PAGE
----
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MIPS Technologies is betting big that Google’s Android operating system will become popular not only in cell phones, but in digital home devices as well.
The Mountain View, Calif.-based company designs processors that can be used as components within chips designed by MIPS’ licensees for use in home electronics. While marrying Android to MIPS isn’t necessarily sexy, it’s a critical step in Google’s campaign to widen the market for Android. And it’s an important for MIPS to help fend off rivals such as Intel and ARM.
MIPS could use a shot in the arm itself. The company is slightly profitable now. And MIPS’ chief executive John Bourgoin recently decided to retire and chairman Anthony Holbrook stepped in as acting chief executive.
The endorsement of chip design firm MIPS is important for Google, since there are five to ten MIPS-based chips in every home today in devices such as Linksys routers, Sony PlayStation Portables, set-top boxes, DVD players, and digital TVs. When it comes to home entertainment, MIPS is one of the invisible technologies that makes it happen.
Now that these digital home devices are becoming networked and web-enabled, they need a modern operating system, said Kevin Kitagawa, director of strategic marketing at MIPS. “Our focus is to enable the connected digital home, and in the last six months, Android has become an important platform,” he said.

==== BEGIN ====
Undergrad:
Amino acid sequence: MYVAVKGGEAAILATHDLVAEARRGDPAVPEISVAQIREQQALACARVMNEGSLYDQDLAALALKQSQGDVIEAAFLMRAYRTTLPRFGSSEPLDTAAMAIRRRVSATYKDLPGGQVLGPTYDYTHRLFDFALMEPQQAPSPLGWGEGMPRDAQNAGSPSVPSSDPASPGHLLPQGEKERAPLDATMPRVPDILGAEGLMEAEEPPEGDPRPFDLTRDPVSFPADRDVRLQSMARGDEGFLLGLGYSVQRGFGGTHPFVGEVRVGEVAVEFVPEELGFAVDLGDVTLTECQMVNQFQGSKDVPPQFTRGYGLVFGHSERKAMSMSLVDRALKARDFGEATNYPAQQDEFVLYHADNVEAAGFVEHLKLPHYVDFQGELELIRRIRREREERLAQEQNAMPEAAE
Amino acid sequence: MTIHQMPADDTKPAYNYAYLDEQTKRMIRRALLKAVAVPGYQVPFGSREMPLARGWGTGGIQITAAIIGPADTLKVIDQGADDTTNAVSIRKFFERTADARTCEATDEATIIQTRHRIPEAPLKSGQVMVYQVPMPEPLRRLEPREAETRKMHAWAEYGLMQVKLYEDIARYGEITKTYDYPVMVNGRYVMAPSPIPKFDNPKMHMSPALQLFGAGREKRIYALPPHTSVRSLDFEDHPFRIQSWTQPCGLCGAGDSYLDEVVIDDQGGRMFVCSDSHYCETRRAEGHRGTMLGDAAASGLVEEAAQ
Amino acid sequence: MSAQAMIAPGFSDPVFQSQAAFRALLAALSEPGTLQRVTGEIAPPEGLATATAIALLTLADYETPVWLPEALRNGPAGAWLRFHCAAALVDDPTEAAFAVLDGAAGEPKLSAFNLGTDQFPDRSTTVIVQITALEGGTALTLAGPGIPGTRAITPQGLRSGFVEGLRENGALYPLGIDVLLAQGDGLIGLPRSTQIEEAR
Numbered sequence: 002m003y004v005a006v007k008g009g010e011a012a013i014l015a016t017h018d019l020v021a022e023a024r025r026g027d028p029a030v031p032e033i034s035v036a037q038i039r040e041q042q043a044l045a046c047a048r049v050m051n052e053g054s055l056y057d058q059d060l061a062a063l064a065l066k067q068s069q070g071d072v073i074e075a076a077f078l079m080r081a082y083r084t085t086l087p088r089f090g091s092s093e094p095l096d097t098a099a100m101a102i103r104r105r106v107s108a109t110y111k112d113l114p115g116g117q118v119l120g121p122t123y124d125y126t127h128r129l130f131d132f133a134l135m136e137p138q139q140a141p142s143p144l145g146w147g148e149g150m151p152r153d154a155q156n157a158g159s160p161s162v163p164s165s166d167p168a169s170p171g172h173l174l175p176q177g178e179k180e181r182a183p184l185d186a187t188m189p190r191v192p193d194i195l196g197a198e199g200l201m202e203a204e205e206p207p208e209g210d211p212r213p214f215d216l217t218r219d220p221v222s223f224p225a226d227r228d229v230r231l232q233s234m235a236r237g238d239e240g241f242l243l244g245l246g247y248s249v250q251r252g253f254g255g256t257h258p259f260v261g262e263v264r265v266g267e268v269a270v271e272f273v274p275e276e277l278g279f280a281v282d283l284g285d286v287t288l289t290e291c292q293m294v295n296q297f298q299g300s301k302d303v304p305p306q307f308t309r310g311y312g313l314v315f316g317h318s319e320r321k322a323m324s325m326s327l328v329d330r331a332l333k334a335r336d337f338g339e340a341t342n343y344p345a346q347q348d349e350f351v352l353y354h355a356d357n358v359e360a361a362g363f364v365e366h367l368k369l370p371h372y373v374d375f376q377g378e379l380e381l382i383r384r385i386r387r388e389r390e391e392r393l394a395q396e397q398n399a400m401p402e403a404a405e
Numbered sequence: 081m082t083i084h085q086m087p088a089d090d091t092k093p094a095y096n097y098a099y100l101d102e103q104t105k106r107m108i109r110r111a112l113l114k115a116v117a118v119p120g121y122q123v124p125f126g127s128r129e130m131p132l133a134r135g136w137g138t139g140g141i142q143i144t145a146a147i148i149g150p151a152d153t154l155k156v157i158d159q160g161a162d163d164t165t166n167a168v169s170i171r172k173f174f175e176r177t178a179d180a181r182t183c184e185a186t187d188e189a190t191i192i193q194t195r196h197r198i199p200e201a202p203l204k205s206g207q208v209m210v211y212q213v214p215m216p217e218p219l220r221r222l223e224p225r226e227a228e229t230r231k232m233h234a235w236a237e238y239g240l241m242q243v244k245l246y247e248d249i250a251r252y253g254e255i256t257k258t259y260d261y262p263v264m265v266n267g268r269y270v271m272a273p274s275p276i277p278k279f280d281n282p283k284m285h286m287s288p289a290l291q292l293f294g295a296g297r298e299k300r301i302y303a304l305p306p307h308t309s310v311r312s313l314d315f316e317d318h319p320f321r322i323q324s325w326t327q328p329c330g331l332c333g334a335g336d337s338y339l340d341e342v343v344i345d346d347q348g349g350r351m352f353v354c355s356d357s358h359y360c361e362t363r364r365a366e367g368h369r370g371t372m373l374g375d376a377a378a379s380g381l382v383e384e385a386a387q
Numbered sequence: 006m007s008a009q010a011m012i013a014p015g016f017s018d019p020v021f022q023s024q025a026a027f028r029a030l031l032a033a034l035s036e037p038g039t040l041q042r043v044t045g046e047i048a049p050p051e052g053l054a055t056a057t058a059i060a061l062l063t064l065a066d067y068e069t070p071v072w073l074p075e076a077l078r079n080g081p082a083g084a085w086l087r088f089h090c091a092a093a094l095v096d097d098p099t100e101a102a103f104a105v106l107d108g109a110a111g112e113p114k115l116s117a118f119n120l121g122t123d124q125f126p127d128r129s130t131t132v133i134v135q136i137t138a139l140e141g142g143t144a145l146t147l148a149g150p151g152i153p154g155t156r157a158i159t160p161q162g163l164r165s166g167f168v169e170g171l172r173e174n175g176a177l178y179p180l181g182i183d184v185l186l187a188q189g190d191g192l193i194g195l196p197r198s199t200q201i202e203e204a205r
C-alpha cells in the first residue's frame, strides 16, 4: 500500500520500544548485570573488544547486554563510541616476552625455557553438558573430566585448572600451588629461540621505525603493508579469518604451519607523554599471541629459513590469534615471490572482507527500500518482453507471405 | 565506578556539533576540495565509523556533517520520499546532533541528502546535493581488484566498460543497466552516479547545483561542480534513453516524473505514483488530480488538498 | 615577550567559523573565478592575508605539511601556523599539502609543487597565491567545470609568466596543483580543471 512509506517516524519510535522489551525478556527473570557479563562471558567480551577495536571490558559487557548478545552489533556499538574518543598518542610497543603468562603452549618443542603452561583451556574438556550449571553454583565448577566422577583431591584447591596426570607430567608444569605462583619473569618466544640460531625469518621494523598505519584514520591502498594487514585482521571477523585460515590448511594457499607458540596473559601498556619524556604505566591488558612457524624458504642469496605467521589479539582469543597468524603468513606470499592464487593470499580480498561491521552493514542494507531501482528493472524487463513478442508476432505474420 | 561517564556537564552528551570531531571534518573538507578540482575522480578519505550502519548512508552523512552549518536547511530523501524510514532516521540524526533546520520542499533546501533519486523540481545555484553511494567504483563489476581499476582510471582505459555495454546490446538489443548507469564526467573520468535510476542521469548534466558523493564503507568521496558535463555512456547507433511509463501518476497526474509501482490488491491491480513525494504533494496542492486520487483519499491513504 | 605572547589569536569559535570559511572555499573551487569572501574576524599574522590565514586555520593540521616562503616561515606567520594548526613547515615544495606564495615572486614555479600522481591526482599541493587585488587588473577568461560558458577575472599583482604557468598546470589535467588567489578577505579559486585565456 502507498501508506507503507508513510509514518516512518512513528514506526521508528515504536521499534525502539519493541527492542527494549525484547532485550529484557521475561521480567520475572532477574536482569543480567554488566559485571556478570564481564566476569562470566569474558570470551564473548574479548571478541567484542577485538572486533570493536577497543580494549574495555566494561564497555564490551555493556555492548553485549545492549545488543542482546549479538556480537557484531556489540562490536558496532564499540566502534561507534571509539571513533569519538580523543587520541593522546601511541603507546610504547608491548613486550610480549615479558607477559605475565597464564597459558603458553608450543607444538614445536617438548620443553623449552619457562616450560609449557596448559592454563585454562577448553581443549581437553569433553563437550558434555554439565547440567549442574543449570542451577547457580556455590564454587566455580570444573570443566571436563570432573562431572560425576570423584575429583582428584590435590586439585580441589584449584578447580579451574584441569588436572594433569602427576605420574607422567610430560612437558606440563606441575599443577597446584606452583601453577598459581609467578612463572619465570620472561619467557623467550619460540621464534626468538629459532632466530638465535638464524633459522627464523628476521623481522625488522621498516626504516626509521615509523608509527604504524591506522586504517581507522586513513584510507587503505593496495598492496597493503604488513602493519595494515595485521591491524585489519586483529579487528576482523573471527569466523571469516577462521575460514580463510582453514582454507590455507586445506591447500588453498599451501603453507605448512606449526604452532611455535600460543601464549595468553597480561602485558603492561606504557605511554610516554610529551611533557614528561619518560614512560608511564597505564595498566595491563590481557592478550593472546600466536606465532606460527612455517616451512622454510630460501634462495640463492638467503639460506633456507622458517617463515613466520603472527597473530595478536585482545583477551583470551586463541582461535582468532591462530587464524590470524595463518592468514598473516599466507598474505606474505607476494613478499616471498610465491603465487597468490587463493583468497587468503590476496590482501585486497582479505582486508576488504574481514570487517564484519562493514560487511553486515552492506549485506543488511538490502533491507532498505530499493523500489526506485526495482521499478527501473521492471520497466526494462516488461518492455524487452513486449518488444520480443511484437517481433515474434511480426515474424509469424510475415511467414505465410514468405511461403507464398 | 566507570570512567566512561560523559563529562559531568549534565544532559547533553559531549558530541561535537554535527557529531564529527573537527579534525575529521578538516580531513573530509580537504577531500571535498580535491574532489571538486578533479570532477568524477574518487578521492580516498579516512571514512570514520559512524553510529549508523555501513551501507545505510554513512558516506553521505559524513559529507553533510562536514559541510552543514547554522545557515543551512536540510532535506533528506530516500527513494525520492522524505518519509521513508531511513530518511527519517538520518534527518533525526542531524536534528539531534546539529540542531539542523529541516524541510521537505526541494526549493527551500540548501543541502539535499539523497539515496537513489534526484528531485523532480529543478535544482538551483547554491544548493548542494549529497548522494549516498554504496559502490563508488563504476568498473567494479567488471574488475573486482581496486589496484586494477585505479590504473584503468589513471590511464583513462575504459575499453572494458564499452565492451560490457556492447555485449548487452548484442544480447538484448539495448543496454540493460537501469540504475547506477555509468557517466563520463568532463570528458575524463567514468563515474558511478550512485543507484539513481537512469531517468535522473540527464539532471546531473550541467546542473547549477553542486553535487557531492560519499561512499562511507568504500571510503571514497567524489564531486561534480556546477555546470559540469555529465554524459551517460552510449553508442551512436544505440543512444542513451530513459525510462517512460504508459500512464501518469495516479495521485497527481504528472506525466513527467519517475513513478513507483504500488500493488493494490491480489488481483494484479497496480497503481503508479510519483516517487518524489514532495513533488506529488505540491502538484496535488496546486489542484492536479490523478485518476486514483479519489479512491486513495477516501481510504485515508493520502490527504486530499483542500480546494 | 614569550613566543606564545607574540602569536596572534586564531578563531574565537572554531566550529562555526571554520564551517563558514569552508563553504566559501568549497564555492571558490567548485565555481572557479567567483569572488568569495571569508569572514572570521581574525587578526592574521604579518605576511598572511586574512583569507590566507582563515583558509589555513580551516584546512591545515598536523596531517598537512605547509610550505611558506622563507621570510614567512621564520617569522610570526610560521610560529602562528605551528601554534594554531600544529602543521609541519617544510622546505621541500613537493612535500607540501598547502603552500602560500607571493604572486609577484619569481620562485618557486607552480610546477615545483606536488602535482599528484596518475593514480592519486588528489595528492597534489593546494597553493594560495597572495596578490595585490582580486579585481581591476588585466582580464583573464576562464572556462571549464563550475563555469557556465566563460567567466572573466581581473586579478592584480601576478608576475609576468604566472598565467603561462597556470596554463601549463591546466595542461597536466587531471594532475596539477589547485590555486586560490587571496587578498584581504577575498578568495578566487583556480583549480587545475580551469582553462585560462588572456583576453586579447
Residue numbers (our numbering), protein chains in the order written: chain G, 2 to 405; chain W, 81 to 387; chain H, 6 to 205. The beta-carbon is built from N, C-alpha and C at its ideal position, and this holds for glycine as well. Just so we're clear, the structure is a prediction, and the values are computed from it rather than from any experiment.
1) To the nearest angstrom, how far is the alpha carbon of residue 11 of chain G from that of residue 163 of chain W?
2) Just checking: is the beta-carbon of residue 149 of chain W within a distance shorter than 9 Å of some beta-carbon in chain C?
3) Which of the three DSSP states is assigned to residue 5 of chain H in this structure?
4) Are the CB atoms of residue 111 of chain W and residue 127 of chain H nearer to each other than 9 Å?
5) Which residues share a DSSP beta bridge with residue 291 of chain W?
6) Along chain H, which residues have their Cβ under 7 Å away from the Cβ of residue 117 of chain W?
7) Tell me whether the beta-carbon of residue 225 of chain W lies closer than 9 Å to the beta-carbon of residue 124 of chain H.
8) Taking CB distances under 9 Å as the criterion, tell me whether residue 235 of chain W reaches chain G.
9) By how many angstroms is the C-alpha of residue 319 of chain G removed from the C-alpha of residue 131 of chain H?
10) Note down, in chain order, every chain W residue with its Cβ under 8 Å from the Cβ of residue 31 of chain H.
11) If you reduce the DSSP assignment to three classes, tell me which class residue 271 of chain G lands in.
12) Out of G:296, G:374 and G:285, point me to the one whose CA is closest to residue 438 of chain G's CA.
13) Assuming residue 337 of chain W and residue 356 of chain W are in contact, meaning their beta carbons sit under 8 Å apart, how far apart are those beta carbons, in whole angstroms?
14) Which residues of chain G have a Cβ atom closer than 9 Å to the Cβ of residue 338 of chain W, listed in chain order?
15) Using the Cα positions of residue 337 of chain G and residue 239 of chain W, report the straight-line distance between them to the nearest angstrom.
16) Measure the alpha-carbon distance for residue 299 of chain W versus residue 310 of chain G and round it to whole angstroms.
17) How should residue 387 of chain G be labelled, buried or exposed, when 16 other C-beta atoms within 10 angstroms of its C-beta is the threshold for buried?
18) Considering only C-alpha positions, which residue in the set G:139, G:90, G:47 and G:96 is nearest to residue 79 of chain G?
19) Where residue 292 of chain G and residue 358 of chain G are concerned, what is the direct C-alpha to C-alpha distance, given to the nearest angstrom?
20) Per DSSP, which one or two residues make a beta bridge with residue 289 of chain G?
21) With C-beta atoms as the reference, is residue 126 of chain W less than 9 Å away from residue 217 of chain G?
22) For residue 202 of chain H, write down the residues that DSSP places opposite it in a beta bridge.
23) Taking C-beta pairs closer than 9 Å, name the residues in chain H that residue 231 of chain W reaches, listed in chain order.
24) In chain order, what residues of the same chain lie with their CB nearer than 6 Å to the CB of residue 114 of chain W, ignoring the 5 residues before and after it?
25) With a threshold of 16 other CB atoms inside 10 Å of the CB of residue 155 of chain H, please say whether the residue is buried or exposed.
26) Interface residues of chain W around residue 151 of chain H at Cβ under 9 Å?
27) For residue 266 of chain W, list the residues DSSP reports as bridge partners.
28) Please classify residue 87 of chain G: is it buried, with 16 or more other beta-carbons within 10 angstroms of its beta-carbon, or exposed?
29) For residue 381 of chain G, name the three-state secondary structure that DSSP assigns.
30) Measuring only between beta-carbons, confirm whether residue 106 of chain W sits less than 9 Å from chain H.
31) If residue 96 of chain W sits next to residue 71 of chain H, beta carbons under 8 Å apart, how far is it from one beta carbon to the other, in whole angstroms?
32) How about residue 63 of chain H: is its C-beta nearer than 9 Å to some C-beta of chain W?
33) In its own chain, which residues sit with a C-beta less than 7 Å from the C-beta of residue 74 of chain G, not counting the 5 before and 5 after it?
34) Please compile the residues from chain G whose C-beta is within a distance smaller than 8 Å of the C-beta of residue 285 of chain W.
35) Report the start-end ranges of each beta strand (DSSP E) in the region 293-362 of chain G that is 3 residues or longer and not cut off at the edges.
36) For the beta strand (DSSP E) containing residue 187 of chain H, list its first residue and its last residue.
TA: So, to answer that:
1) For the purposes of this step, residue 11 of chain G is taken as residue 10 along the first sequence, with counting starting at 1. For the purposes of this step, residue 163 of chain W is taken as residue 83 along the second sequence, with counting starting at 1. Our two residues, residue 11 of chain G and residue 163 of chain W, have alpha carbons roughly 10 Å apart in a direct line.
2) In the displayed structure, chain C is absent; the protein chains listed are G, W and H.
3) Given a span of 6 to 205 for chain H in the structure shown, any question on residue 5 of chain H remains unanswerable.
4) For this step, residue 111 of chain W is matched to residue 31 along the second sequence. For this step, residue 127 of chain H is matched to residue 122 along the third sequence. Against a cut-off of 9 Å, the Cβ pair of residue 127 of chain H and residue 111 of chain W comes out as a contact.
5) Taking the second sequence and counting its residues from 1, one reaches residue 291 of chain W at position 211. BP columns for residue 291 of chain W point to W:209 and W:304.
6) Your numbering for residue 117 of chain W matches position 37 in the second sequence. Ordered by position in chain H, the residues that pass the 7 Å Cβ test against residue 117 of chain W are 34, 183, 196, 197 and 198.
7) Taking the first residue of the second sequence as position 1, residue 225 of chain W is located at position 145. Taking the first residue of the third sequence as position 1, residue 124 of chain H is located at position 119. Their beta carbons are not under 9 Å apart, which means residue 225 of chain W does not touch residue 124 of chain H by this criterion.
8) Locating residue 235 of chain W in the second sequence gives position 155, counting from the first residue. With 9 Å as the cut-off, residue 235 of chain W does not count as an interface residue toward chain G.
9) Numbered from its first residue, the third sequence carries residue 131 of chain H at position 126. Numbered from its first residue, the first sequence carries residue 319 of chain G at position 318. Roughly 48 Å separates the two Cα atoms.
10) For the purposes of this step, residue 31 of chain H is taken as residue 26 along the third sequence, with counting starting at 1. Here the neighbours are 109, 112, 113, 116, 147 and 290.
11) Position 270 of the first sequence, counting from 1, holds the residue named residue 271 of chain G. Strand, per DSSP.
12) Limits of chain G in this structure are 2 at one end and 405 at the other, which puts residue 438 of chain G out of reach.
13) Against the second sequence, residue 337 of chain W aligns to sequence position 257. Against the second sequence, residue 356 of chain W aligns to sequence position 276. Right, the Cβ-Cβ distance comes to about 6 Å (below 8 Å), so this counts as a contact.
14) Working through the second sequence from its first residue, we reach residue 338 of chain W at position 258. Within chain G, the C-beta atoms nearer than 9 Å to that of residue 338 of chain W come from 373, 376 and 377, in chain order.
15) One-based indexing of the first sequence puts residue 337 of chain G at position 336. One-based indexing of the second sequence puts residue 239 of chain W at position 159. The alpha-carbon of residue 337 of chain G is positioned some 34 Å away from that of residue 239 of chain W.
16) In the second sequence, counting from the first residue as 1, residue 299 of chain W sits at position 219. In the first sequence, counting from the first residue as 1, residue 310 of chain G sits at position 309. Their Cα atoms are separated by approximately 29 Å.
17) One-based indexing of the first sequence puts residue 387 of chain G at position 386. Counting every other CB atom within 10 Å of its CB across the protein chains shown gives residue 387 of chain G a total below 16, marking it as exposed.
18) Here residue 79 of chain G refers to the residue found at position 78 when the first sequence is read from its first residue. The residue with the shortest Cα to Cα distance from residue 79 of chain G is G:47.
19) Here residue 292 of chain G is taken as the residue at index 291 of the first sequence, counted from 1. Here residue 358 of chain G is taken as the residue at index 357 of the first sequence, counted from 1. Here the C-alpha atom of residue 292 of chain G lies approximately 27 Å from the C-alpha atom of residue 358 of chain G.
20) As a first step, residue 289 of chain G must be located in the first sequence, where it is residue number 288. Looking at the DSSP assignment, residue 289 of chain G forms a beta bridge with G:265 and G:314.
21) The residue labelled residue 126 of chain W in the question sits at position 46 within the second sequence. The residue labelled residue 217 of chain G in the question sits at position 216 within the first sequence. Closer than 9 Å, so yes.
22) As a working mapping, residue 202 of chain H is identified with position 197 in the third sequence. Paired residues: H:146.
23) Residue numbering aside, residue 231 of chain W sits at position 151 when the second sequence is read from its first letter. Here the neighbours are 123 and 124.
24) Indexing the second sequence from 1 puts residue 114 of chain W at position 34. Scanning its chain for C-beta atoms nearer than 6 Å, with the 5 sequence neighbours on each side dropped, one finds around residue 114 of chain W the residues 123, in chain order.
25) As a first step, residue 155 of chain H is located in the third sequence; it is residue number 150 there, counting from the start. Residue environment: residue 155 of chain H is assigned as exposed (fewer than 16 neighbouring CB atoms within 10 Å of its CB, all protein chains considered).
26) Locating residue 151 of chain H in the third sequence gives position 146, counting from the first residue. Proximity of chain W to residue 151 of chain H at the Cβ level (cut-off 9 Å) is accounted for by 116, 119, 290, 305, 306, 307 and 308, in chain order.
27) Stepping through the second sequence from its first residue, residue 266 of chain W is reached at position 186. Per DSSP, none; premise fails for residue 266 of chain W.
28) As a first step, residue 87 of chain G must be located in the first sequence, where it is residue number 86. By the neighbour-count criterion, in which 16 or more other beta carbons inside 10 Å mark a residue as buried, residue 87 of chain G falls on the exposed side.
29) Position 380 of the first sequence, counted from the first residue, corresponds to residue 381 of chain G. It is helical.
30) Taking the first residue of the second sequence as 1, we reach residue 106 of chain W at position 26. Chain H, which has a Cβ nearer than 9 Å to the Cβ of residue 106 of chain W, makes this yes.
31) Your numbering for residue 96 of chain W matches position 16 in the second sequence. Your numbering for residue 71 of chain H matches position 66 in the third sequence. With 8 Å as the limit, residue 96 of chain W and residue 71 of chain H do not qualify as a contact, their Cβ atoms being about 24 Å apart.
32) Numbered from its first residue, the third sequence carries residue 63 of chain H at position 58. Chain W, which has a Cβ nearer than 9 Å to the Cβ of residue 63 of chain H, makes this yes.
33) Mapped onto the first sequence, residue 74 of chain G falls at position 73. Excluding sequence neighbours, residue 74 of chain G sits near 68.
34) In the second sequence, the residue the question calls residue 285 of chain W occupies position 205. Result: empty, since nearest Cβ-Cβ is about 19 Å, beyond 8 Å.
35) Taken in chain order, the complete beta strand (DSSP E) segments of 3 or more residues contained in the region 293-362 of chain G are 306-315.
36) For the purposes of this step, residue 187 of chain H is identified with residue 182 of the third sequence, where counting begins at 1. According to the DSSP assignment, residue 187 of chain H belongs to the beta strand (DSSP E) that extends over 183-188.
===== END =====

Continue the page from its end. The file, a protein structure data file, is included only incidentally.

MIPS is also announcing that Adobe’s Flash technology will be optimized for MIPS processors so it will run easily on MIPS-based devices. Flash is commonly used in games and web pages, so it is essential to the proper display of web pages on TVs. So far, MIPS developers have downloaded 2,000 copies of the source code for Android running on MIPS hardware. In December, MIPS announced that Tensilica, would offer design components with MIPs designs for Android-based digital home devices. Other key partners on Android-based systems are Chips & Media, Discretix, ViXS Systems, MStar Semiconductor and Vivante.
Devices running Android on MIPS processors are expected to debut in trials in the second half of 2010, while volume shipments are expected to happen in 2011. Once that happens, we’ll all enjoy the benefits of having fast and responsive web apps on our digital home devices, from TVs to Blu-ray players. These devices will be able to run the coolest 3-D graphics and video. Market researcher Parks Associates estimates that 200 million set-top boxes with web-based personal TV services will ship in 2013.